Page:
7. I am currently working on a paper on this very topic, so I re-visited this post to consider Prof. Kennedy’s thoughts. To those who say the workers who don’t like being exposed to secondhand smoke should go find other jobs, consider this: in ANY other workplace, I would be protected from hazardous materials. For instance: as a medical worker, when I enter the room of a person with tuberculosis, I am not expected to just go into the room and breathe the other person’s airborne toxins. My employer allows – and expects – me to take proper precautions to prevent myself from getting TB. I realize that bartenders aren’t going to start wearing HEPA-filter masks any time soon, but what I’m saying is that all employees of *any* organization should have the right to be protected from pollutants that can directly cause them harm.

  8. Sorry Jennifer, but that argument you made(workers in smoking environments are the ONLY workers supposedly subjected to hazardous conditions) is very laughable, and I can’t even begin to count all the holes popping up, as if I’m holding a slice of swiss cheese. What about the workers who work in welding factories, or in coal mines? I think ANY worker who works in an environment where indoor smoking is allowed knows what they’re getting into, and works there since they are tolerant of smoke exposure.

    Tell me then, why have MANY Indy and Marion County adult-only businesses, and bars and clubs on their own banned smoking in the last few years, without a local or state law telling them to do so? Or why only 1% of Indianapolis/Marion County businesses permit smoking? Maybe it’s just me, but I’d rather see smokers(both cigarette and cigar ones) have a limited number of indoor places they can indulge their habit, instead of risking increased exposure to others outside, plus to children inside a smoker’s home if that smoker can’t smoke almost anywhere other than his/her home. And for the love of god, if you don’t like a business’ smoking policy, let the manager know that is why you won’t return, and don’t patronize them till they change their policy. (it worked with the Fishers Cracker Barrel, and I think both Barley Island locations have now prohibited smoking)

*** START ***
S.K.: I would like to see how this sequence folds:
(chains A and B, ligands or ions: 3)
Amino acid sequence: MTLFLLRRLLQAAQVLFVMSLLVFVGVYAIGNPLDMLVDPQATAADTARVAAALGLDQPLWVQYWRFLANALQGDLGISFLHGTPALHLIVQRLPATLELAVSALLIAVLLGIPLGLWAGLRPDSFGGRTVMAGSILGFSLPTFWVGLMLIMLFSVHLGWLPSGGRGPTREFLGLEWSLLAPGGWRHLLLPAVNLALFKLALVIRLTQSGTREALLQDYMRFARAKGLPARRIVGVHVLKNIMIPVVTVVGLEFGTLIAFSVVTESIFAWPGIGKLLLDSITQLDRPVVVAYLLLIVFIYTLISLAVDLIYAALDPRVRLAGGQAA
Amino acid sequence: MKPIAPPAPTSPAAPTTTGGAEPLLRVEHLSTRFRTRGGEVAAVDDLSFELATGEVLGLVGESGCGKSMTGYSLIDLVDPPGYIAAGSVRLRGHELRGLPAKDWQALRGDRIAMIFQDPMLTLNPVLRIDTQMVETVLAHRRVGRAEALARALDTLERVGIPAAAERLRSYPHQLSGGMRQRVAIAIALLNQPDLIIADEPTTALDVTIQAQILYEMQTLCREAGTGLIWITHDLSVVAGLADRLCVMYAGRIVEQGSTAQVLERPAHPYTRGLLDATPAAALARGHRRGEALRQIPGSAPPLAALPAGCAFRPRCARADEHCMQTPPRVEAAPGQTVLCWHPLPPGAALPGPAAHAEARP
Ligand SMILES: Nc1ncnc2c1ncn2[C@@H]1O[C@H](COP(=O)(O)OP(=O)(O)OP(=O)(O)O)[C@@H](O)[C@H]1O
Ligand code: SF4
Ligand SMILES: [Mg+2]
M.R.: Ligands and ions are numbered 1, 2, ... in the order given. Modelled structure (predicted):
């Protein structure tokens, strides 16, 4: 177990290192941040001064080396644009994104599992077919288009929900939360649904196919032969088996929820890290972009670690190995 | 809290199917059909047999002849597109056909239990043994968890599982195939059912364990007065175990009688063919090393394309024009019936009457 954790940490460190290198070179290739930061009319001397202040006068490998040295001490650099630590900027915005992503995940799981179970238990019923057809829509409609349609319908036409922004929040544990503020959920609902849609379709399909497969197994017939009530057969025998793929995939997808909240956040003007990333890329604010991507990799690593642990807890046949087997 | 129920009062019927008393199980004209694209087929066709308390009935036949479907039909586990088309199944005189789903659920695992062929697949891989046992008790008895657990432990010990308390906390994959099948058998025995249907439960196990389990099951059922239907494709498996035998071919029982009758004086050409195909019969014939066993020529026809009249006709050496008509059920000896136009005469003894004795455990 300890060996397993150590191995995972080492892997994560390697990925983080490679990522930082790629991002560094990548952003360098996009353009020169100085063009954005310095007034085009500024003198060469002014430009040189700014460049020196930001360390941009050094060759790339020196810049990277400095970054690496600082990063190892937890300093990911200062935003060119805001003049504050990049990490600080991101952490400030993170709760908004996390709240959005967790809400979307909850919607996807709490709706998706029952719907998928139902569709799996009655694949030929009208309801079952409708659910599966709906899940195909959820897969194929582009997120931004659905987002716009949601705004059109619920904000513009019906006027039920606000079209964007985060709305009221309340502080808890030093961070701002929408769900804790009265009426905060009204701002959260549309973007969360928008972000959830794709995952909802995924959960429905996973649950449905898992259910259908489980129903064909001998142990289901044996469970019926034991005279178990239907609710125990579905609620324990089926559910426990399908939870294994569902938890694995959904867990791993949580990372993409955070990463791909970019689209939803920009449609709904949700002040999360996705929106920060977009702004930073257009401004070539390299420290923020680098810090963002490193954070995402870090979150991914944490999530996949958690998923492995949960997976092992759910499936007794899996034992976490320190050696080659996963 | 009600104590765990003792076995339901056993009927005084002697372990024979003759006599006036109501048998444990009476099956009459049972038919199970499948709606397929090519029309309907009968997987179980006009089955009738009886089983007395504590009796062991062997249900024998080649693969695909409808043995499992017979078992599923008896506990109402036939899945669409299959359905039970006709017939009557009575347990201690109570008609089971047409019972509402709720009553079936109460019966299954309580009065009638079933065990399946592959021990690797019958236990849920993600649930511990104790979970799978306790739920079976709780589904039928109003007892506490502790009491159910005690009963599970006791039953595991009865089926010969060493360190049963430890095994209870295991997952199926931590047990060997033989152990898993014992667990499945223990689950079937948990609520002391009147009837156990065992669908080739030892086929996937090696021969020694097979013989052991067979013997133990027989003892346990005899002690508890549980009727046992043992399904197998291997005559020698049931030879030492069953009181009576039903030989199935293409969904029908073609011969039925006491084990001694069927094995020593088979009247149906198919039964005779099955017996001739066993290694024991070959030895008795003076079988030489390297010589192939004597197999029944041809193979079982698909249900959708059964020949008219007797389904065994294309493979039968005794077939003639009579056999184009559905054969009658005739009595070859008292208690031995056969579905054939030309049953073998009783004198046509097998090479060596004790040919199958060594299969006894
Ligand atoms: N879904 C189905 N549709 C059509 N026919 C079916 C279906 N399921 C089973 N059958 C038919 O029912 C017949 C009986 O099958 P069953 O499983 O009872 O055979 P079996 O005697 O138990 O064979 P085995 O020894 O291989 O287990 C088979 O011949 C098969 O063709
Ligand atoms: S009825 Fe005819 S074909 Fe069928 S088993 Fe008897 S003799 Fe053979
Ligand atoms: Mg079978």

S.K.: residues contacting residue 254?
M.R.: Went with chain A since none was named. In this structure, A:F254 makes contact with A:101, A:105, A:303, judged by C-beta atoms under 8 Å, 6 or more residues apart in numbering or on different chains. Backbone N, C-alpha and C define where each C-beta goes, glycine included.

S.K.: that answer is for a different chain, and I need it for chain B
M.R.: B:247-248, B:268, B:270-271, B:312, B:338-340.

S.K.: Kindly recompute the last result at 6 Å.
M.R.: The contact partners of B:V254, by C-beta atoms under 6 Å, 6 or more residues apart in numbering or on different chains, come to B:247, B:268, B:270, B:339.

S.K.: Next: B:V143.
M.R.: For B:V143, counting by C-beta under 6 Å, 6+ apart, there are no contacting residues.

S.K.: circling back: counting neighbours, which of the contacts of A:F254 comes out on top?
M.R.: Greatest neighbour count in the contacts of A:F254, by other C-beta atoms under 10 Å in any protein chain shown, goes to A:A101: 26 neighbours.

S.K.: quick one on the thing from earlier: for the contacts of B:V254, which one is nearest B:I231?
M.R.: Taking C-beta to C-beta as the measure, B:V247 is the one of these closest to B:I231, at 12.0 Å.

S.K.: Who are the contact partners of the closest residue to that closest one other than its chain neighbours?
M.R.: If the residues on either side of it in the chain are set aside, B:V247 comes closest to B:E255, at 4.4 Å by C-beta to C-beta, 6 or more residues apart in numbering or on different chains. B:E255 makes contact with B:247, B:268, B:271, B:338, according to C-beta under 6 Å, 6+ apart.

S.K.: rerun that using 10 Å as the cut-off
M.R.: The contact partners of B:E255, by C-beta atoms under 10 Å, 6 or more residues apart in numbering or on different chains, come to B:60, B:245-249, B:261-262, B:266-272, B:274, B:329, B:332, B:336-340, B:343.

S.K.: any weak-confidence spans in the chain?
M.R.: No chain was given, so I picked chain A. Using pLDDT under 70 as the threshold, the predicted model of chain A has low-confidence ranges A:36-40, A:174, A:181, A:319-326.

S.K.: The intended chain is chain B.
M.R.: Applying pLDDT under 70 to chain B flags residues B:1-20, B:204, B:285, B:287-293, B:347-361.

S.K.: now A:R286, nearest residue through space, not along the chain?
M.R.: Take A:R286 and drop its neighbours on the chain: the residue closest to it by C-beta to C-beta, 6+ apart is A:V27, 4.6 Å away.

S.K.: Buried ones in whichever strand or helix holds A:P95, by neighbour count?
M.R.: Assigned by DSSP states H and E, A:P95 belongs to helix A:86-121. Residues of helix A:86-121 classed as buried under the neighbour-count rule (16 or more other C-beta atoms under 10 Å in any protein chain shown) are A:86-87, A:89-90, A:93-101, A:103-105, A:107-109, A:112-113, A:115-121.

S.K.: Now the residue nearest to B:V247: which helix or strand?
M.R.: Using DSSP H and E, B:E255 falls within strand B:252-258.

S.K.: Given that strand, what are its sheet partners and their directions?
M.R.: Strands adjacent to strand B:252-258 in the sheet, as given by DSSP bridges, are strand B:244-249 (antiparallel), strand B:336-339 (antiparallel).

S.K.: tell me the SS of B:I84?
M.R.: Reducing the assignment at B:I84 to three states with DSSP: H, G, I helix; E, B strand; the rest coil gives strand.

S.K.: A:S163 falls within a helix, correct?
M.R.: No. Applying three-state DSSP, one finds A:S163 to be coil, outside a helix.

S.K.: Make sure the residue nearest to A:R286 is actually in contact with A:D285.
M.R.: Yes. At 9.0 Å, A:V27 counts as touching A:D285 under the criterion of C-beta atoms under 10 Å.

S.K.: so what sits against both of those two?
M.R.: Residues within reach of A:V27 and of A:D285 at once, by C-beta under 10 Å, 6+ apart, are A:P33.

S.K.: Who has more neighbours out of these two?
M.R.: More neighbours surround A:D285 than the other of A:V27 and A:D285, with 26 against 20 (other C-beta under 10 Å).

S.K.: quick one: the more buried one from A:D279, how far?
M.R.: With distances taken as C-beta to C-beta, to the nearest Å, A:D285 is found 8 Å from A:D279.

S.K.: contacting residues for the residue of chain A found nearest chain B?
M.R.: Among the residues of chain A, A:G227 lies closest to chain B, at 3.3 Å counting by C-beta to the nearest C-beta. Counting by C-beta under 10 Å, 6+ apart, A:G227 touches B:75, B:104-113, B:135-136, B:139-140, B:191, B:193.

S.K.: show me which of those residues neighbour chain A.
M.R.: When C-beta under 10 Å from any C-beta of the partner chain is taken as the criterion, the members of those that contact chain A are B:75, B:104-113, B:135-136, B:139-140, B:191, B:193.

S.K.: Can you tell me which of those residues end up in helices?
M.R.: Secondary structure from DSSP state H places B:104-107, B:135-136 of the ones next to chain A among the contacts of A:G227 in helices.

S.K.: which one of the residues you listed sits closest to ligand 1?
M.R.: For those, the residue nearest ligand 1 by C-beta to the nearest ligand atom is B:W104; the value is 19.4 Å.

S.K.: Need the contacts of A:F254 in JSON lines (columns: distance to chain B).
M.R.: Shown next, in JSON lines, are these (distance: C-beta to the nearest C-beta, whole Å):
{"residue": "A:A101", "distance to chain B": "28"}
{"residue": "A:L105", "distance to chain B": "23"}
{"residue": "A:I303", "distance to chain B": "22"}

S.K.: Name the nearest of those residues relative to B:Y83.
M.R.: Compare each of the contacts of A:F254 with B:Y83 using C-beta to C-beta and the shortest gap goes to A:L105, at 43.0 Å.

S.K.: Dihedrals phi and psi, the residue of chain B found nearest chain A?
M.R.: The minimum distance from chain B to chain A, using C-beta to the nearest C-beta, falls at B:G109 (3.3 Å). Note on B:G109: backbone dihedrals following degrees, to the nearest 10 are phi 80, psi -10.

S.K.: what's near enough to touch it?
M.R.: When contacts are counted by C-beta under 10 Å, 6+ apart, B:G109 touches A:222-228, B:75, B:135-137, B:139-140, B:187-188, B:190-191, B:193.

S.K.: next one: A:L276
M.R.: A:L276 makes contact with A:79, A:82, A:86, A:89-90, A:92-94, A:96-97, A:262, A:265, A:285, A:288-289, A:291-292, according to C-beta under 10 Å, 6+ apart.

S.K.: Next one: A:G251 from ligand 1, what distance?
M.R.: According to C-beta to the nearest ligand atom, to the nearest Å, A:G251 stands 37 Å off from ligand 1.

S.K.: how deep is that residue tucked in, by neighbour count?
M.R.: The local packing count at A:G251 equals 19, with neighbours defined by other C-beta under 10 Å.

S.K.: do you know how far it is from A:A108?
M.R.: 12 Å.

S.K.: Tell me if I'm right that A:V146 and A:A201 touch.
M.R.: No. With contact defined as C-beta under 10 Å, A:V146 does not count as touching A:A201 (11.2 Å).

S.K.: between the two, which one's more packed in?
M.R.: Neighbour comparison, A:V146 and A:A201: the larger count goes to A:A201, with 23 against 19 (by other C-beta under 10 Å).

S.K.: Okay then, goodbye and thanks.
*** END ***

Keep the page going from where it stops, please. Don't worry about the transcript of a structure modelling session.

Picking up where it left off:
9. I didn’t say that they were the only ones, I’m simply using anecdotal examples to make a point.

  10. And furthermore, those factory/mine workers are much better protected than bartenders, etc. Yes, it’s true that there are other places to work that are dangerous, but those places at least take some measures to protect their employees – safety regulations, protective gear, etc. And I also take issue with your argument that public places to smoke will reduce smoking in the home…it’s a nice idea, but I don’t think that being able to smoke in a bar would prevent someone from lighting up at home.